Trump’s arguments have been called ridiculous, it causes one to wonder what life would be like for minorities if he did get elected, his sentiments do not promote integration but bleak future. For months now, his hard-line rhetoric has triggered heated emotional debates. His comments about refusing Muslims entrance into the U.S. led to an uproar of condemnation from political figures here across the pond. A controversial character like Donald Trump – to disagree with MEP Paul Nuttall – is not a bland politician and does give straight answers albeit outrageous and somewhat ‘colourful’.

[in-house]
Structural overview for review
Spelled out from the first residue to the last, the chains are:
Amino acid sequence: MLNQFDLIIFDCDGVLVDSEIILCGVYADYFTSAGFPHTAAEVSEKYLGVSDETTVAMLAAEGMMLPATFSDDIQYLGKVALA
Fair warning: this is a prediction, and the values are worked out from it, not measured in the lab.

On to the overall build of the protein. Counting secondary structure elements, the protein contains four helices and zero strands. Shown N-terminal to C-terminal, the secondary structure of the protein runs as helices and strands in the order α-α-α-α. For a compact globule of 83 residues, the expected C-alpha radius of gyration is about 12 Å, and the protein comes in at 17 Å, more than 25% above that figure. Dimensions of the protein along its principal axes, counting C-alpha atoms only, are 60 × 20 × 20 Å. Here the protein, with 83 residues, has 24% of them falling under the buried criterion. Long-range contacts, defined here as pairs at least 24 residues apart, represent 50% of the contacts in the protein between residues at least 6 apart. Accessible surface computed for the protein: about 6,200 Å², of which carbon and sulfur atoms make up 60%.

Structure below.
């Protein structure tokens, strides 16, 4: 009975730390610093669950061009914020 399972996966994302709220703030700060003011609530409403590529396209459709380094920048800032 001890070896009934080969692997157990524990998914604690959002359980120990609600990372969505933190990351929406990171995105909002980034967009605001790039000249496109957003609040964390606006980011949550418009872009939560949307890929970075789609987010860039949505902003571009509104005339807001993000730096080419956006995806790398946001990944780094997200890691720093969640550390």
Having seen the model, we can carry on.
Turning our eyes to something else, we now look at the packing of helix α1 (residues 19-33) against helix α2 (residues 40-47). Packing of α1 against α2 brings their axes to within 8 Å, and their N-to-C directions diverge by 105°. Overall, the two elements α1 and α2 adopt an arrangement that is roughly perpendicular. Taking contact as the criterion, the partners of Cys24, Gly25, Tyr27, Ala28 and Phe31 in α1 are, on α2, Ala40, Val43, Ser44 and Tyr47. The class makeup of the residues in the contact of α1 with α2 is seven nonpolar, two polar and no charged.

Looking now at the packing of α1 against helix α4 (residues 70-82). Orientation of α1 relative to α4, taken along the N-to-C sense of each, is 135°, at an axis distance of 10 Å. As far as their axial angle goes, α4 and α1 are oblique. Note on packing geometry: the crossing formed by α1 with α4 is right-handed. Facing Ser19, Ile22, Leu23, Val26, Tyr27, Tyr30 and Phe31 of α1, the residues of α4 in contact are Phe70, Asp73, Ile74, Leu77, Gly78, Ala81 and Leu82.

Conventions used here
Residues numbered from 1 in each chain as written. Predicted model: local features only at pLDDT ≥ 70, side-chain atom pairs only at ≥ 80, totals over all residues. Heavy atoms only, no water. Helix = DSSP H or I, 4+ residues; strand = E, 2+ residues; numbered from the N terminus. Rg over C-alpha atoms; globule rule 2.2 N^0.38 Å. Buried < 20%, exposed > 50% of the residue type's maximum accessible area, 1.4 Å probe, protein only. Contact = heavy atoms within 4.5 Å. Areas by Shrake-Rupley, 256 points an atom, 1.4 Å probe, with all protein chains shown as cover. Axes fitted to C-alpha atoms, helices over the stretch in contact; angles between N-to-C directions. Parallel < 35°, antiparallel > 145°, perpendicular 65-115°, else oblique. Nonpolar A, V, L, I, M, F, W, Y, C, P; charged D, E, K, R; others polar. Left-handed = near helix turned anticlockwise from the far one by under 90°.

Whatever his deficiencies, Trump brings drama to the US presidential race and the general political sphere, his actions give him exactly what he wants: Attention. He knows many American voters will take notice back him on his various controversial outbursts. American politics is fascinating to say the least if not backward and is currently littered with interesting albeit controversial characters. Some claim to run out of a sense of duty, evidently others are obsessed by career politics. The fact is, he had a presence before this campaign but can he run the country that is the question which comes with some extremely resolute answers. Perhaps he is just the latest flavour of the changing Republican Party. We have heard pledges to renew America, now ‘the Donald’ feels he can “make America great again” for him to win would imply wholly that the American people in all their patriotism do not feel the country is great. He is running this race with his own money; this should give his credibility a boost, running alone is high-risk let alone with your own capital. Although it has to be said that Trump is sure to have many key friends in high places. Whether he is running a smart campaign is yet to be determined but he has shown that he is willing to go back to the drawing board, it is an open race so far. Can he be trusted on the defence of the country and foreign policy? Well it very much depends on which side of the fence you are on, pun intended.